To help answer this question, let's start by asking: How was Judaism different from other Roman religions? As the Roman Empire spread, the cults and gods they encountered were often incorporated into the Roman pantheon. People were free to continue participating in local cults as long as they agreed to participate in the traditional Roman ceremonies as well. Jews, initially the only monotheists in the empire, refused to worship other gods. At times this caused problems, but at other times they received special exemptions from the state. Thus Judaism was unique in that, through the fixed monotheistic dogma found in the Torah, it was not able to be assimilated like other religions. In fact we see that today, with Judaism being one of the oldest surviving religions in the world, despite numerous periods of persecution and exile. Thus it appears that monotheism helps a religion resist assimilation.

Is there a relationship between monotheism and proselytizing? Hinduism and Buddhism usually avoid proselytizing and believe there is more than one true way (Hare Krishna's are an exception). Judaism does as well. However, both Christianity and Islam believe there to be only one true way and place great emphasis on winning converts. It seems like an easy step to go from the self-confidence and immutability that is inherent in monotheism, to believing that other religions are incorrect, and thus believing in the necessity of proselytizing. Is this true? If monotheism tends towards proselytizing, then this would seem to be the key answer to the original question. Historically, most religions are polytheistic and most religions do not proselytize. However, the two largest religions worldwide run counter to this trend: both are monotheistic and proselytize.

In conclusion, I think the reason for the ultimate success of monotheism is likely related to its inability to be assimilated into other religions, its tendency to believe that other religions are incorrect, and its tendency to lead to proselytizing. (This is similar to evolutionary biology: genes spread that assist individuals in a) surviving to adulthood, and b) procreating. Richard Dawkins would call monotheism a successful "meme.") In addition, it was incidentally helpful that the Roman Empire conquered Jewish territory, allowing an attractive and accessible offshoot of Judaism to spread throughout the empire, an empire that would be a major foundation for European and ultimately global culture.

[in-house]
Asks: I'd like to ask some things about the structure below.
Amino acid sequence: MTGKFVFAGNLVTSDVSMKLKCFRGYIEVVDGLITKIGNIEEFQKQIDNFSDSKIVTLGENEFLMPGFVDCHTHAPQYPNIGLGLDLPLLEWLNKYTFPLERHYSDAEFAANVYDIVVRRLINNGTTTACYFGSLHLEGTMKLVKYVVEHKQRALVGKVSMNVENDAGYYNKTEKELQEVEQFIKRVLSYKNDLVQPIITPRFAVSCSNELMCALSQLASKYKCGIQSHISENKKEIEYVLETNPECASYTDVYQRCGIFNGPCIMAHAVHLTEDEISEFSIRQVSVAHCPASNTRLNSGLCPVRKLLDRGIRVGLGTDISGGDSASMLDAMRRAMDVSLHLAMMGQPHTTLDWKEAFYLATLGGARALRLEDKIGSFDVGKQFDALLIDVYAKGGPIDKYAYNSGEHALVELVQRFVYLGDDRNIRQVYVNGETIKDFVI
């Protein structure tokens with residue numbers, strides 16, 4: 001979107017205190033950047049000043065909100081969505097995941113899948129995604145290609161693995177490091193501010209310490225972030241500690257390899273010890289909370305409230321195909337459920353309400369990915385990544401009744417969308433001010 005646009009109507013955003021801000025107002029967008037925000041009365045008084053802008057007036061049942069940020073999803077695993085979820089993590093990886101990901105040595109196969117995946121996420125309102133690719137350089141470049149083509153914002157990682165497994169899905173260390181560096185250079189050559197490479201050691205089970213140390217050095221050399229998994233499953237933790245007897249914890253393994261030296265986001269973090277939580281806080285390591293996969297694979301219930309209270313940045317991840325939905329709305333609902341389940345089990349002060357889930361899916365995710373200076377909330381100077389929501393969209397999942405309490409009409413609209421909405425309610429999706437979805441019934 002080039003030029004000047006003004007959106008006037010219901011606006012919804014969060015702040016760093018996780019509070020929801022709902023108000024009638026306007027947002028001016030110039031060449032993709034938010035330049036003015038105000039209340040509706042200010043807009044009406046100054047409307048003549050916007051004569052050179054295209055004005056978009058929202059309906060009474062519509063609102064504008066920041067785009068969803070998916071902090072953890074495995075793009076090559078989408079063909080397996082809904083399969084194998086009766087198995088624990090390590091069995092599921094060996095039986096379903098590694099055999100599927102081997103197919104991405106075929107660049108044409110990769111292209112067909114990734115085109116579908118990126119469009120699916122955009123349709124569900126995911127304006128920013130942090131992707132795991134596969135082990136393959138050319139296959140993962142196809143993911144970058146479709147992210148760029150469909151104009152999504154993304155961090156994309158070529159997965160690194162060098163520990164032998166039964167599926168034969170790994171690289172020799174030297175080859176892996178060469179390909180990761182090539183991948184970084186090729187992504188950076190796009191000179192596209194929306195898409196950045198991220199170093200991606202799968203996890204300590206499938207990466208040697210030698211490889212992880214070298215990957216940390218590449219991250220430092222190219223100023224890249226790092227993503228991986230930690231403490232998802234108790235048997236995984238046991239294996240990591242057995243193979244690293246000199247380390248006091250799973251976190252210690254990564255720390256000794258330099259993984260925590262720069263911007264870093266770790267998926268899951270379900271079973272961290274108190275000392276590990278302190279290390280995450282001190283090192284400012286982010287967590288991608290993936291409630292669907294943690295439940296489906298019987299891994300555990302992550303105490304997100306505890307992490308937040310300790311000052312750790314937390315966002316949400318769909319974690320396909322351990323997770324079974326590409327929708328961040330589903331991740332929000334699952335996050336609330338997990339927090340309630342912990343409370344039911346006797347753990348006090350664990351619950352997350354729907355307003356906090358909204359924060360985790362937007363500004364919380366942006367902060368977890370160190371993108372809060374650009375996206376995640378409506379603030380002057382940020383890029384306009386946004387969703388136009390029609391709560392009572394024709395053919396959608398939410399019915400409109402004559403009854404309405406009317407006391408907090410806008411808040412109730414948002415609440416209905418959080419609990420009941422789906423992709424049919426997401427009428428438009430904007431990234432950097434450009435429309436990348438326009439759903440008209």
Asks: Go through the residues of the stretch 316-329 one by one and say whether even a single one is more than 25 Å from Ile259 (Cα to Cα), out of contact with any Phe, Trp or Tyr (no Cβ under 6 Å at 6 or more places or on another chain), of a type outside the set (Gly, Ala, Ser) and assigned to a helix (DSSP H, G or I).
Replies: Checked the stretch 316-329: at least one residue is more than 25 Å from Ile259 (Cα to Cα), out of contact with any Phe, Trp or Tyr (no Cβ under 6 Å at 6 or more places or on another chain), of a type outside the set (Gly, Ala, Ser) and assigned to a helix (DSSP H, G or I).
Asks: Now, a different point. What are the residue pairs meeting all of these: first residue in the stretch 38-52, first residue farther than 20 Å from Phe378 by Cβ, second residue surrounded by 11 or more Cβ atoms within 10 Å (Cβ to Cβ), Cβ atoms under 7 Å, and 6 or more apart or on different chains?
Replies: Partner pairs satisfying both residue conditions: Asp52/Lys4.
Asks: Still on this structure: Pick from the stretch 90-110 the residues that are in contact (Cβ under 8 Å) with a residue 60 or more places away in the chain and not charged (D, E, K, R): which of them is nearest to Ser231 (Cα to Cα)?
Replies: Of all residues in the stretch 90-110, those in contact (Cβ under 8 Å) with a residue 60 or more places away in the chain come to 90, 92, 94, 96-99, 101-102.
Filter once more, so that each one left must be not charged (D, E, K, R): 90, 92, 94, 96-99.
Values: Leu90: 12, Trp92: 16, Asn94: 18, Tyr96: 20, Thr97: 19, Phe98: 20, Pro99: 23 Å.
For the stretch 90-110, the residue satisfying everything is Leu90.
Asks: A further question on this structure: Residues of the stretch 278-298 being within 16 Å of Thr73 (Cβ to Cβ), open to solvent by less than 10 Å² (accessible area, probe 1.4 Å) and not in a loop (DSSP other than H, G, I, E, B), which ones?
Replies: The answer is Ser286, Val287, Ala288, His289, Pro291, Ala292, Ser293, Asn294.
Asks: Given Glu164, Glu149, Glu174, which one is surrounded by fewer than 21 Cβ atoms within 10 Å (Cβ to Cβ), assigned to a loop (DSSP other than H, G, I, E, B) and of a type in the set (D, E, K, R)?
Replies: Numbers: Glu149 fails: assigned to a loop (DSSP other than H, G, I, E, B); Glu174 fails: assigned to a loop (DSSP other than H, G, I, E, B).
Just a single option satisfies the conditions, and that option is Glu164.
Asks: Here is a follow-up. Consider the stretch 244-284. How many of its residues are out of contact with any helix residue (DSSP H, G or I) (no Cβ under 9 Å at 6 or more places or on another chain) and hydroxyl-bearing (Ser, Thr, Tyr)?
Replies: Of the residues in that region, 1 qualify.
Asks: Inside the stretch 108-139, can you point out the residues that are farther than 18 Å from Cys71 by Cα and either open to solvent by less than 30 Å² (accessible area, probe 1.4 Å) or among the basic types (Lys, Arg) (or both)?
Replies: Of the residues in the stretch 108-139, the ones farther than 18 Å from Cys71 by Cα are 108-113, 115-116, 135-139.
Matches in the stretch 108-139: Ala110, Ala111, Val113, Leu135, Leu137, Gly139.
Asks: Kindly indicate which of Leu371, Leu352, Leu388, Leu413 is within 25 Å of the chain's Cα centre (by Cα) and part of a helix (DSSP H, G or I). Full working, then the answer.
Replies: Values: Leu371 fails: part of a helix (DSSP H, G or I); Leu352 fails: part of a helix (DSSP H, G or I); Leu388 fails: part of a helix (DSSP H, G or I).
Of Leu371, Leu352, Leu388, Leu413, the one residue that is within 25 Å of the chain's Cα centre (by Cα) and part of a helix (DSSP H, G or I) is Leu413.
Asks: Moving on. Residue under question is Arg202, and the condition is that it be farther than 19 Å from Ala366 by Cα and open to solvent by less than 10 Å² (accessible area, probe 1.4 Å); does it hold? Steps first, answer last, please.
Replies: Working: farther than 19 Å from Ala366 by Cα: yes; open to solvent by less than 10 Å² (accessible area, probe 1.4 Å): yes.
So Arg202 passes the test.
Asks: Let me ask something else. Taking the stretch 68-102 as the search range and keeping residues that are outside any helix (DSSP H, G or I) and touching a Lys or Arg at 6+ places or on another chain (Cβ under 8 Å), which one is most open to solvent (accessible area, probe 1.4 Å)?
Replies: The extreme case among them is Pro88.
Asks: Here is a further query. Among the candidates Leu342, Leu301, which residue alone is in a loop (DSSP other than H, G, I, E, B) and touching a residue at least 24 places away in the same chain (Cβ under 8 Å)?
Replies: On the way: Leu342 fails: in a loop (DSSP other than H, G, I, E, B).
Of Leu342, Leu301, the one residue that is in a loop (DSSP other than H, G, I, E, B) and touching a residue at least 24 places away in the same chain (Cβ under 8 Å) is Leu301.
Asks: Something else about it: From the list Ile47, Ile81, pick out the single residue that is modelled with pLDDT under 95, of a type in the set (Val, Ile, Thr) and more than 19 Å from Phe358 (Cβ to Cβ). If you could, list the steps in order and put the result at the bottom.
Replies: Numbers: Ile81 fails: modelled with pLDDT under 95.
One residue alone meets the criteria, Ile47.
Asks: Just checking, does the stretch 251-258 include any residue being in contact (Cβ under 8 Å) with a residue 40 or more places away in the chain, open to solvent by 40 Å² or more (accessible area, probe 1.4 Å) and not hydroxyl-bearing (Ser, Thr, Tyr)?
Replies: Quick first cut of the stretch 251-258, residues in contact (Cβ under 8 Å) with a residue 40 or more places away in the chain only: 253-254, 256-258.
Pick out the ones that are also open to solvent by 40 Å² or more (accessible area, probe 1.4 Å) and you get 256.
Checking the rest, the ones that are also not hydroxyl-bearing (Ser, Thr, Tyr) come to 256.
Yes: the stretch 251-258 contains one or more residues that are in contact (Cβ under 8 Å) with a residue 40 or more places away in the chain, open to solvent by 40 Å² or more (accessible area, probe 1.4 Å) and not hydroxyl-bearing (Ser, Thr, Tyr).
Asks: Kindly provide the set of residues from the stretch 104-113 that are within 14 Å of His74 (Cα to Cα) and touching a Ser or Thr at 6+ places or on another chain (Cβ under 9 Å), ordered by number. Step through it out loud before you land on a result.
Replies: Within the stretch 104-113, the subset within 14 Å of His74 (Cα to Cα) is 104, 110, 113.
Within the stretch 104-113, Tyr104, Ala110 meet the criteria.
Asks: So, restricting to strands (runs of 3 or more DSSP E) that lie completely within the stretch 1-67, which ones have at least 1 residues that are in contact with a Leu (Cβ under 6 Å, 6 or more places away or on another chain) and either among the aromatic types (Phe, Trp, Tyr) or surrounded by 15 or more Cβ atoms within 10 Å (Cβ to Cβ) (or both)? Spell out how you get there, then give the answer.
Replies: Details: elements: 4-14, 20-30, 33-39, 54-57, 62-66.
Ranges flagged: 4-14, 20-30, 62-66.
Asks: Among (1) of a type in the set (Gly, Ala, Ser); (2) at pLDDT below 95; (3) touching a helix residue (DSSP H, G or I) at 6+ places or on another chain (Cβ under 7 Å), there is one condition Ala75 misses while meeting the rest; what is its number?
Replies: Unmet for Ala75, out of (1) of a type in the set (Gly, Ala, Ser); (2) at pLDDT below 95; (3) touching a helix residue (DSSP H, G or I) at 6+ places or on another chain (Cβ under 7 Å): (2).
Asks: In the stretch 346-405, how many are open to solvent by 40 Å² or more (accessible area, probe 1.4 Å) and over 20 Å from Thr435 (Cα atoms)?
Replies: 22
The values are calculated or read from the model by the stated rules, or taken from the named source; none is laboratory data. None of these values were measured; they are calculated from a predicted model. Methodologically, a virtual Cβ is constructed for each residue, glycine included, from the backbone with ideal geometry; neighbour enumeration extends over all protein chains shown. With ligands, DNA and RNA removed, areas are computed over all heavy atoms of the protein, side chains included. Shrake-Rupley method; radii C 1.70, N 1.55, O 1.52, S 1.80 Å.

I'm very interested to hear your thoughts. Please leave a comment.

Note that a previous version of this post incorrectly asserted that Pharisees proselytized. My evidence for this was very weak. Thanks to Esther for pointing this out.

Thursday, February 24, 2011

The Power of Practice

It's interesting how much one can accomplish with effective practice of a skill. I recently read an article by Joshua Foer, an author who, as an experiment, decided to devote himself to improving his memory. Over the better part of a year, he trained his memory to memorize long lists of numbers, the order of a deck of cards, poetry, etc. By the end of his brief but intense training he was able to memorize the order of a deck of cards in 1 minute, 40 seconds at the USA Memory Championship (a United States record).